Mini guide to culture in Singapore
A view of the South East Asian city's financial district from Singapore River. (Richard Sowersby/BBC)
Singapore is small in size but huge in ambition, developing at a breakneck pace. Its arts and music scenes are similarly on the up, and its mix of colonial architecture and colourful traditional buildings has never looked better.
Best for art and museums
The Asian Civilisations Museum, located in the grand old Empress Place Building, houses galleries which explore culture, religion and civilisation from across Asia. Artefacts include a red sandstone Buddha from India, calligraphy and decorative art, and a display of krisses – daggers said to have spiritual powers (1 Empress Pl; closed Mon morning; admission £4).
The Ikkan Art Gallery is the biggest hitter among a clutch of excellent art galleries in the Tanjong Pagar Distripark complex, a short walk southwest of Chinatown. Ikkan Art displays the work of international artists in four or five exhibitions a year. Recent ones have focused on new media art from Beijing-based artist and photographer Miao Xiaochun and Chinese dissident Ai Weiwei (39 Keppel Road 01–05; closed Sun & Mon; admission free).
The National Museum of Singapore occupies a 19th-century building, and its multimedia exhibits focus on the city’s history, culture and achievements. Visitors can see the natural history drawings of William Farquhar, an early colonial commandant, and a gallery that celebrates the city’s street food culture through artefacts and sound installations (93 Stamford Rd; admission £5).
Best for architecture
The Baba House is one of Chinatown’s best-preserved heritage homes, and offers a glimpse into the hybrid culture of Singapore’s Peranakan (Chinese-Malay) minority as it would have been circa 1928. Entertaining, hour-long tours run four times a week: they’re free, but need to be booked in advance (157 Neil Rd).
The Raffles Hotel, a colonial edifice that first opened in 1887, is one of the most famous hotels in the world: it’s known for the Singapore sling cocktail – invented here around 1915 – and remains a byword for Oriental luxury. Its lobby, bars, outdoor areas and museum, open to the public, are among Singapore’s major tourist attractions, and rightly so. Dress standards apply, so don’t come in shorts and sandals (1 Beach Rd; admission free to lobby and museum).
The Kampong Glam district’s gold-domed epicentre is the Sultan Mosque (Masjid Sultan). First built in 1825, it was replaced 100 years later with the current structure. The prayer hall can fit 5,000 worshippers; a red digital clock spoils the atmosphere a little, but at least everybody knows when to pray. Visitors are shown around most parts of the mosque and tours in English are available (3 Muscat St; closed to visitors Fri morning; admission free).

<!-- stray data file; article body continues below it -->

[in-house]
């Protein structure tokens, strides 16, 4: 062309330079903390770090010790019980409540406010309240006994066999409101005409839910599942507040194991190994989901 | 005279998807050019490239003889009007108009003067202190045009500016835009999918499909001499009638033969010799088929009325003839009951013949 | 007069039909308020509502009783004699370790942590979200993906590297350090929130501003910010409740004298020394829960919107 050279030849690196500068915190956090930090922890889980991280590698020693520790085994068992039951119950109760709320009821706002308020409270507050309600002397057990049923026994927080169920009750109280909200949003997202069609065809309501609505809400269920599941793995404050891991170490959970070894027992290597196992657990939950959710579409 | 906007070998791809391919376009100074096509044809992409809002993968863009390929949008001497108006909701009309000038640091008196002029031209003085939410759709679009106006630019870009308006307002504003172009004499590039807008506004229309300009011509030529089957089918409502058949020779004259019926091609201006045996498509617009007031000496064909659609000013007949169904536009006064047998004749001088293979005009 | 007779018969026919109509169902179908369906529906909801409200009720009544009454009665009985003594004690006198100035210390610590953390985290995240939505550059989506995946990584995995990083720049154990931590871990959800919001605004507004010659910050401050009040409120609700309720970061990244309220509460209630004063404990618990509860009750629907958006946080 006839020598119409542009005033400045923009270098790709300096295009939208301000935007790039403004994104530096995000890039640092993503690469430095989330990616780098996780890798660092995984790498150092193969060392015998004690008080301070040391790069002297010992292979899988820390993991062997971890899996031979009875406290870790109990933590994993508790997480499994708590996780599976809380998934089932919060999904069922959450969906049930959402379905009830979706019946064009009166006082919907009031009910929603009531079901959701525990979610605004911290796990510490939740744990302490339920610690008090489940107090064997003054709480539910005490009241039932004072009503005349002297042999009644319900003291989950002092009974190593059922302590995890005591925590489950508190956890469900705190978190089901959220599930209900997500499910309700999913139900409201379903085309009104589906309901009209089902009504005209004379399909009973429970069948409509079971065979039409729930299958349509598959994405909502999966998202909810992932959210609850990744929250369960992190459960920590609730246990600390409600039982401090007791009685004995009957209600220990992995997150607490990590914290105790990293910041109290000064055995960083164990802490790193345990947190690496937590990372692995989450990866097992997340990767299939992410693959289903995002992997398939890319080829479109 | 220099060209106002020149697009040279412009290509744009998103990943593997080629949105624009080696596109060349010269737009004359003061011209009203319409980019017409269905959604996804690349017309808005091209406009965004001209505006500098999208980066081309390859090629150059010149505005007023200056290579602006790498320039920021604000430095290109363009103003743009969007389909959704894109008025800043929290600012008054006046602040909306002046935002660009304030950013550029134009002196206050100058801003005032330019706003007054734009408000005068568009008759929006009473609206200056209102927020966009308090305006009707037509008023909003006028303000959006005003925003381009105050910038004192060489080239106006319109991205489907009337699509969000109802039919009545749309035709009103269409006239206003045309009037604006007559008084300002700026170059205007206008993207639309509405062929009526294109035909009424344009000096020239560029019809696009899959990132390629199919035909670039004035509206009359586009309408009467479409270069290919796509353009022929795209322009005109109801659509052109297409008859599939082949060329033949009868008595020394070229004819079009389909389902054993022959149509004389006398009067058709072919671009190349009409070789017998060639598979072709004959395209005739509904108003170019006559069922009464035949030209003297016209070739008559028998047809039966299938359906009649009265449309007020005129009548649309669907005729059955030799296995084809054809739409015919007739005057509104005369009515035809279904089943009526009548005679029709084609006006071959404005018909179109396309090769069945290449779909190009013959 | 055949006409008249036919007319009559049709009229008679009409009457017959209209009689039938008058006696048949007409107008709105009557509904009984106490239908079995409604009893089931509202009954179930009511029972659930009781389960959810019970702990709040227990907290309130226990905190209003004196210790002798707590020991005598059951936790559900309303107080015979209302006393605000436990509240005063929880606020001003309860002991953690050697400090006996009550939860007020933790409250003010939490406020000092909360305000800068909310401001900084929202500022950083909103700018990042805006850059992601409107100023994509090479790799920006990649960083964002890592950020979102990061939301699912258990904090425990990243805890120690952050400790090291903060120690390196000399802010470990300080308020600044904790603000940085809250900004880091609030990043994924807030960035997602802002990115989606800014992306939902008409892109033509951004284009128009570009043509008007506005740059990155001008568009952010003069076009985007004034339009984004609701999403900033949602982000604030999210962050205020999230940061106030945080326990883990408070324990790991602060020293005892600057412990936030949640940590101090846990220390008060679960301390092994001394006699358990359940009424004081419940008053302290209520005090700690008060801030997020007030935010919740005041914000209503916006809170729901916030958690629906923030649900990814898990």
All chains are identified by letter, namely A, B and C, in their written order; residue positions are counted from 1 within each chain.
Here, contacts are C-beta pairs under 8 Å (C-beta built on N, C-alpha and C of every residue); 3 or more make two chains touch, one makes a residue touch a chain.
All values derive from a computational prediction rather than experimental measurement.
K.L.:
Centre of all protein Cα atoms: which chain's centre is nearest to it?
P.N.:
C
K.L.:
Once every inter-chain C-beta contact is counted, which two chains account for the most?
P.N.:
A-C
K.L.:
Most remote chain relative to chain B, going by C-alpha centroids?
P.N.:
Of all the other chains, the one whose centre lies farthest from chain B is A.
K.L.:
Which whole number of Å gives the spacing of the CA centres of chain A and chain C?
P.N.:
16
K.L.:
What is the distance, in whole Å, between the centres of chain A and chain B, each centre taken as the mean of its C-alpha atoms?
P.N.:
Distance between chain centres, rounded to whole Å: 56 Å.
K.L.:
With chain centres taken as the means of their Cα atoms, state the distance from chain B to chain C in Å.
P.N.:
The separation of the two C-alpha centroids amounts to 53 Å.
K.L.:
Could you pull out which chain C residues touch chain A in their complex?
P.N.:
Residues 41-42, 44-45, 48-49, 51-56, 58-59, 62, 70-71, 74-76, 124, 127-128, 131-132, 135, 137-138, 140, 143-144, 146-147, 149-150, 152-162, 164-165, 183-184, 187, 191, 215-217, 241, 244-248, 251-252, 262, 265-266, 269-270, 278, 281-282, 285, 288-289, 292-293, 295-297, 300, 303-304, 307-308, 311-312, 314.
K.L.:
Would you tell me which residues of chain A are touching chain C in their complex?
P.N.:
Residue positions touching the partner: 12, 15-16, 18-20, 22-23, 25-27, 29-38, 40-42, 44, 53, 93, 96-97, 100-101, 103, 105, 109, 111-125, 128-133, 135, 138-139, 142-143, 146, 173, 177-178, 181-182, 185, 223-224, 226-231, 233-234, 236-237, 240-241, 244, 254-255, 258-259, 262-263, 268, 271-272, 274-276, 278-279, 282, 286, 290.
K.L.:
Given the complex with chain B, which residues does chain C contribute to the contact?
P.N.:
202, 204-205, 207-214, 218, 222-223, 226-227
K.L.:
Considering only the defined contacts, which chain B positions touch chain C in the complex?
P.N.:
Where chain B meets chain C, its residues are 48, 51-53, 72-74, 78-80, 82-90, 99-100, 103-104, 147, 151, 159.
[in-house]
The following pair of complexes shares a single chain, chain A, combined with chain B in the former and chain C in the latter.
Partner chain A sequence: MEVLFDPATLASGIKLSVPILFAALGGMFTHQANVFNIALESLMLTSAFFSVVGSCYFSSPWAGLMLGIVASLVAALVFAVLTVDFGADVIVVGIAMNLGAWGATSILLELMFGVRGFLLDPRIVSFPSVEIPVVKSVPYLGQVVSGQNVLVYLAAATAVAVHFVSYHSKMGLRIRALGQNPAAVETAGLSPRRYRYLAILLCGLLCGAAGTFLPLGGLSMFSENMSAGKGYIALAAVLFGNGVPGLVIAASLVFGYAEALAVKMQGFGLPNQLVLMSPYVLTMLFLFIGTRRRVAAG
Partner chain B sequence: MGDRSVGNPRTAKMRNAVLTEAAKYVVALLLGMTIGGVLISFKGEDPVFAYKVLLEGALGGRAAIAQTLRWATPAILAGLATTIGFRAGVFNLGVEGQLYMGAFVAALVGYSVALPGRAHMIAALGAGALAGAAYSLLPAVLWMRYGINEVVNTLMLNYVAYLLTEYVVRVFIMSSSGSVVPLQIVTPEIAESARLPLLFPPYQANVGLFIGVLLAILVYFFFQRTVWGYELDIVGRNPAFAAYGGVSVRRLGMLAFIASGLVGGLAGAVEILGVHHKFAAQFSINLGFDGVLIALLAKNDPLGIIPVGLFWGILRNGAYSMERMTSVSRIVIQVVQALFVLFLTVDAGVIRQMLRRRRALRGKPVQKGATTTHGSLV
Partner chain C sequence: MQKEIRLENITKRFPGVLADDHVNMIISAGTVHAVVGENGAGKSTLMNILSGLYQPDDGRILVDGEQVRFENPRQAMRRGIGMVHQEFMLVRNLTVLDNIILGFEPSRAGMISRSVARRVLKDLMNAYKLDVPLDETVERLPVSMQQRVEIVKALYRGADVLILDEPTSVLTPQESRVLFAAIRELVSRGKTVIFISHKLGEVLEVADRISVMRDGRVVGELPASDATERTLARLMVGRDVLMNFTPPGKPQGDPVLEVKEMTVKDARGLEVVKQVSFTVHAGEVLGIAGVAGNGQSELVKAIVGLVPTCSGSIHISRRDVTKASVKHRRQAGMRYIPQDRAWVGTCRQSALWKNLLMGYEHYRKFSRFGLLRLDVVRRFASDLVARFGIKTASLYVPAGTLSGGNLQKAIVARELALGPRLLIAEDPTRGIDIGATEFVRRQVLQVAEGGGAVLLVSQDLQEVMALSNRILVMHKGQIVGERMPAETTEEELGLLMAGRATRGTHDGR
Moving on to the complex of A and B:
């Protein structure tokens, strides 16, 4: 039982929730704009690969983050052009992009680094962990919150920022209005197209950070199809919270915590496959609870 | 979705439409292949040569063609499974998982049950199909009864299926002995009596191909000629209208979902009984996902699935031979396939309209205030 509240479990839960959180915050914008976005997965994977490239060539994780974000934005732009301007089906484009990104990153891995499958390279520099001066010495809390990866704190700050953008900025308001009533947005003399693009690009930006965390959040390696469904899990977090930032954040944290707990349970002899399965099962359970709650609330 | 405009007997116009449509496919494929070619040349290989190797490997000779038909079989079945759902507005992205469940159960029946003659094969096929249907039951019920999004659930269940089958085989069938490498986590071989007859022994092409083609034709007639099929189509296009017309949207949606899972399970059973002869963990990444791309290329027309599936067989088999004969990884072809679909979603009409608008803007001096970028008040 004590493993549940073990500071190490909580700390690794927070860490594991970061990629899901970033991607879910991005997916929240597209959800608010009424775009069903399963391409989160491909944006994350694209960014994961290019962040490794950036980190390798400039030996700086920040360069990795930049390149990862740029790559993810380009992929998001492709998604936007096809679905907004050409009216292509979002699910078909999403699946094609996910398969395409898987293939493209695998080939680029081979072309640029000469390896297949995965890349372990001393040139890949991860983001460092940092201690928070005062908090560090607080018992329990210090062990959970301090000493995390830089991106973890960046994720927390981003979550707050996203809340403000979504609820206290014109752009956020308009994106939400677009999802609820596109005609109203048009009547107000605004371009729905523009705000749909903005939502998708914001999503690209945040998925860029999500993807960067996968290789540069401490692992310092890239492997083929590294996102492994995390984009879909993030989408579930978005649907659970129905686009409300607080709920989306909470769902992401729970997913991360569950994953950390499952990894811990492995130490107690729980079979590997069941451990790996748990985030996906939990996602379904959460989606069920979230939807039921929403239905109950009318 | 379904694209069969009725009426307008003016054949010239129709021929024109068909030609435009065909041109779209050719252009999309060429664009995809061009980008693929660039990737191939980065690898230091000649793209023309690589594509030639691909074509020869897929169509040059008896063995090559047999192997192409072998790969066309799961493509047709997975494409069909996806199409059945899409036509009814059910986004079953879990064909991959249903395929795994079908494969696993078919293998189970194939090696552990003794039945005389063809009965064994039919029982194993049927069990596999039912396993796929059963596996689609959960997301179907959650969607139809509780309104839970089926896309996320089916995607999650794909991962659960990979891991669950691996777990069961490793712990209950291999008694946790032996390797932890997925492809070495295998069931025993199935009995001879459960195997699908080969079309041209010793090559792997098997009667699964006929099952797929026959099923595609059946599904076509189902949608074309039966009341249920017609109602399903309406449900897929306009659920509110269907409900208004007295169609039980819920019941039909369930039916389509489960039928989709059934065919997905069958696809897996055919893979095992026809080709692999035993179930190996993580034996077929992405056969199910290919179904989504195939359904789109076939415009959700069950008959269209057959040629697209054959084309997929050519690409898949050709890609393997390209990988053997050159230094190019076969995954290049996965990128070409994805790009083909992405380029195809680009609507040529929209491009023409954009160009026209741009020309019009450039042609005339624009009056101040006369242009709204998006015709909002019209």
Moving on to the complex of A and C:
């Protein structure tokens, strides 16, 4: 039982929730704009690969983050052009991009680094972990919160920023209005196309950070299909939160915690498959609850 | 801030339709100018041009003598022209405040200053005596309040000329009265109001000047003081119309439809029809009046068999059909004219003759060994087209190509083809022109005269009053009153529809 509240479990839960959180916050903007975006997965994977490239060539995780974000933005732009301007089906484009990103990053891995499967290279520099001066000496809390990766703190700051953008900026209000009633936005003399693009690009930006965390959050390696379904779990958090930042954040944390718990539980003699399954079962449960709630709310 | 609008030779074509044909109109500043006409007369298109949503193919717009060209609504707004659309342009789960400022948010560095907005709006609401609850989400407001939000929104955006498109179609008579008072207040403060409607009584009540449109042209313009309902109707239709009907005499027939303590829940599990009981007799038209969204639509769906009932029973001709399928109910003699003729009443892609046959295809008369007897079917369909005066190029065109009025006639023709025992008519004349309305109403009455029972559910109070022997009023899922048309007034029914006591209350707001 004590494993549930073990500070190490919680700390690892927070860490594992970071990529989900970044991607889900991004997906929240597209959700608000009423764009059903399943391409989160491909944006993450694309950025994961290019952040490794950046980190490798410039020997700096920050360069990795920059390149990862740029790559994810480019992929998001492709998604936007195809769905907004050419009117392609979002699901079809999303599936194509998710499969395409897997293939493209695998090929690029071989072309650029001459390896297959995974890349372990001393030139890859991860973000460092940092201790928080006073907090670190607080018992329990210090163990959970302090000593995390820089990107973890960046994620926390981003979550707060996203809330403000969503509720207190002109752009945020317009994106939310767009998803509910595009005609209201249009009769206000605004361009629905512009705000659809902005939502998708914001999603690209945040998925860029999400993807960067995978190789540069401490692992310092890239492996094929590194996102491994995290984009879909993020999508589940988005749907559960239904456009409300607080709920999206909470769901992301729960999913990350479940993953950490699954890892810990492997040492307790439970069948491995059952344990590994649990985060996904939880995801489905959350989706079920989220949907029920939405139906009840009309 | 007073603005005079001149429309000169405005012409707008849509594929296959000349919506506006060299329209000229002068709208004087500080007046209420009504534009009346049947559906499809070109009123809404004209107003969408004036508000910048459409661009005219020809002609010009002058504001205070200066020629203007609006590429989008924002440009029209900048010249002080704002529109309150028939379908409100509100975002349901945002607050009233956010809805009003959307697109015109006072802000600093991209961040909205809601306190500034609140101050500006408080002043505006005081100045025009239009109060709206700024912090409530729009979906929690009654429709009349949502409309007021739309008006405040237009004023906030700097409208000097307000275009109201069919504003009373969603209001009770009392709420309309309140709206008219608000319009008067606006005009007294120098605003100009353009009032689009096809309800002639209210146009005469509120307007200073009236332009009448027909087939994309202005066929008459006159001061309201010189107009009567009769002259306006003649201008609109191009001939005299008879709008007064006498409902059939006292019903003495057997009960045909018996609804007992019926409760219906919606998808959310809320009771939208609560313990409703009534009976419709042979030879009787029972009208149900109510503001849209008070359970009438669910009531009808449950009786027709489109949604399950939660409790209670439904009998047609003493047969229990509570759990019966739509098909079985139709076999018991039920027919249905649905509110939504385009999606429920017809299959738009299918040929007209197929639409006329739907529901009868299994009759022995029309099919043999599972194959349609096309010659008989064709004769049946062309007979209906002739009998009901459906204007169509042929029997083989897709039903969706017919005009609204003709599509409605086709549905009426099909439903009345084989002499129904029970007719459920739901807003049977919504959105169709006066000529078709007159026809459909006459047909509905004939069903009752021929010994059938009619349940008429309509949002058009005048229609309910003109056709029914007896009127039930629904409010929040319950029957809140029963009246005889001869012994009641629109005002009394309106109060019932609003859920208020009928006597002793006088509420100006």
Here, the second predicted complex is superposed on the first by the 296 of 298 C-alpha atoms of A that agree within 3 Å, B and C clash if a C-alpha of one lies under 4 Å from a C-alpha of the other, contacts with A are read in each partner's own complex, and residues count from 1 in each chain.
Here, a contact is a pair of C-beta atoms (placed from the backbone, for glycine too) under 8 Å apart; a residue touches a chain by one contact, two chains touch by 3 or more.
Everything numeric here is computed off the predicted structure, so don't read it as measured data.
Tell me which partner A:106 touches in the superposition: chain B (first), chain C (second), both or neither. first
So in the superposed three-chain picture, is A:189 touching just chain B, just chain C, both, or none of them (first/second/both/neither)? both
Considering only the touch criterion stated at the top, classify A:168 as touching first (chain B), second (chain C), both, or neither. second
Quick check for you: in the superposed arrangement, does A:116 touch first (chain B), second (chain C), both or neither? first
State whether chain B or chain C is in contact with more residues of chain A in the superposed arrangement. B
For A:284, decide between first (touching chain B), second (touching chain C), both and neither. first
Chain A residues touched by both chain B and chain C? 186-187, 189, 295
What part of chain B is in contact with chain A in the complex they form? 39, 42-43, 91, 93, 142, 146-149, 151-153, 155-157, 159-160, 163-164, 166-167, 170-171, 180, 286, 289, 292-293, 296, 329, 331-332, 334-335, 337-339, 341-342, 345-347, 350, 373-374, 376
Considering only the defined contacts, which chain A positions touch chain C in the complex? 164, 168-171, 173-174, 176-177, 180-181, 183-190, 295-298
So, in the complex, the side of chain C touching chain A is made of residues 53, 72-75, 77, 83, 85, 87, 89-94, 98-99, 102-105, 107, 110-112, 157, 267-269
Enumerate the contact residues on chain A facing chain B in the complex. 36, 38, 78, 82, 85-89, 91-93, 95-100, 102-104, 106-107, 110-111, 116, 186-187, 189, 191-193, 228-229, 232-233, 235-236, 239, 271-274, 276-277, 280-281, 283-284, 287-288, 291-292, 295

Best for music and theatre
The Esplanade – Theatres on the Bay is the poster-boy for contemporary Singapore: the building has been compared to flies’ eyes, a melting honeycomb and two upturned durian fruit. Its 1,800-capacity hall serves as a venue for concerts, recitals and performances from the Singapore Symphony Orchestra (1 Esplanade Dr; orchestra tickets from £20).
Theatreworks is one of the country’s more experimental and interesting theatre companies. Artistic director Ong Keng Sen has helped to establish Theatreworks as a champion of intercultural theatre – Singaporean creatives work together with Western and international contemporaries in dance, performance art and drama (72–13 Mohamed Sultan Rd; tickets from around £14).
Unlike many of Singapore’s live music venues, Tab doesn’t rely on covers bands to keep the punters happy: the focus of this mid-sized venue is on local talent and songwriters, plus nightly club features and live concerts from wandering foreign performers. Expect blues, gospel, rock, funk and an audience as diverse as the music policy (02–29 Orchard Hotel, 442 Orchard Rd; admission free or around £10).
Where to stay
The newly opened Mayo Inn provides good-sized, IKEA-fitted rooms in a converted 1930s shop-house on the edge of the Little India district. More expensive rooms come with their own roof terrace (from £60; 9 Jalan Besar).
At Naumi Liora (formerly the Saff), three beautifully renovated 1920s shophouses in Chinatown combine to create an affordable boutique hotel. Some of the rooms have outdoor terraces (from £120; 55 Keong Saik Rd).
The New Majestic Hotel is arguably the best of Chinatown’s boutique hotels. The place offers 30 individually styled rooms done up with a mix of vintage and designer furniture (from £160; 31-37 Bukit Pasoh Rd).
BA, Qantas and Singapore Airlines fly from Heathrow to Singapore Changi airport (from £640). Singapore Airlines also flies from Manchester with a one-hour layover in Munich. Shuttle buses to the city centre take around 40 minutes (singles £4.60). Taxis make the trip in around 30 minutes, charging in the region of £10–£20. Public transport, in the form of buses and MRT (subway) trains, is run by two companies, SBS and SMRT. The MRT network also serves the airport (singles from £1).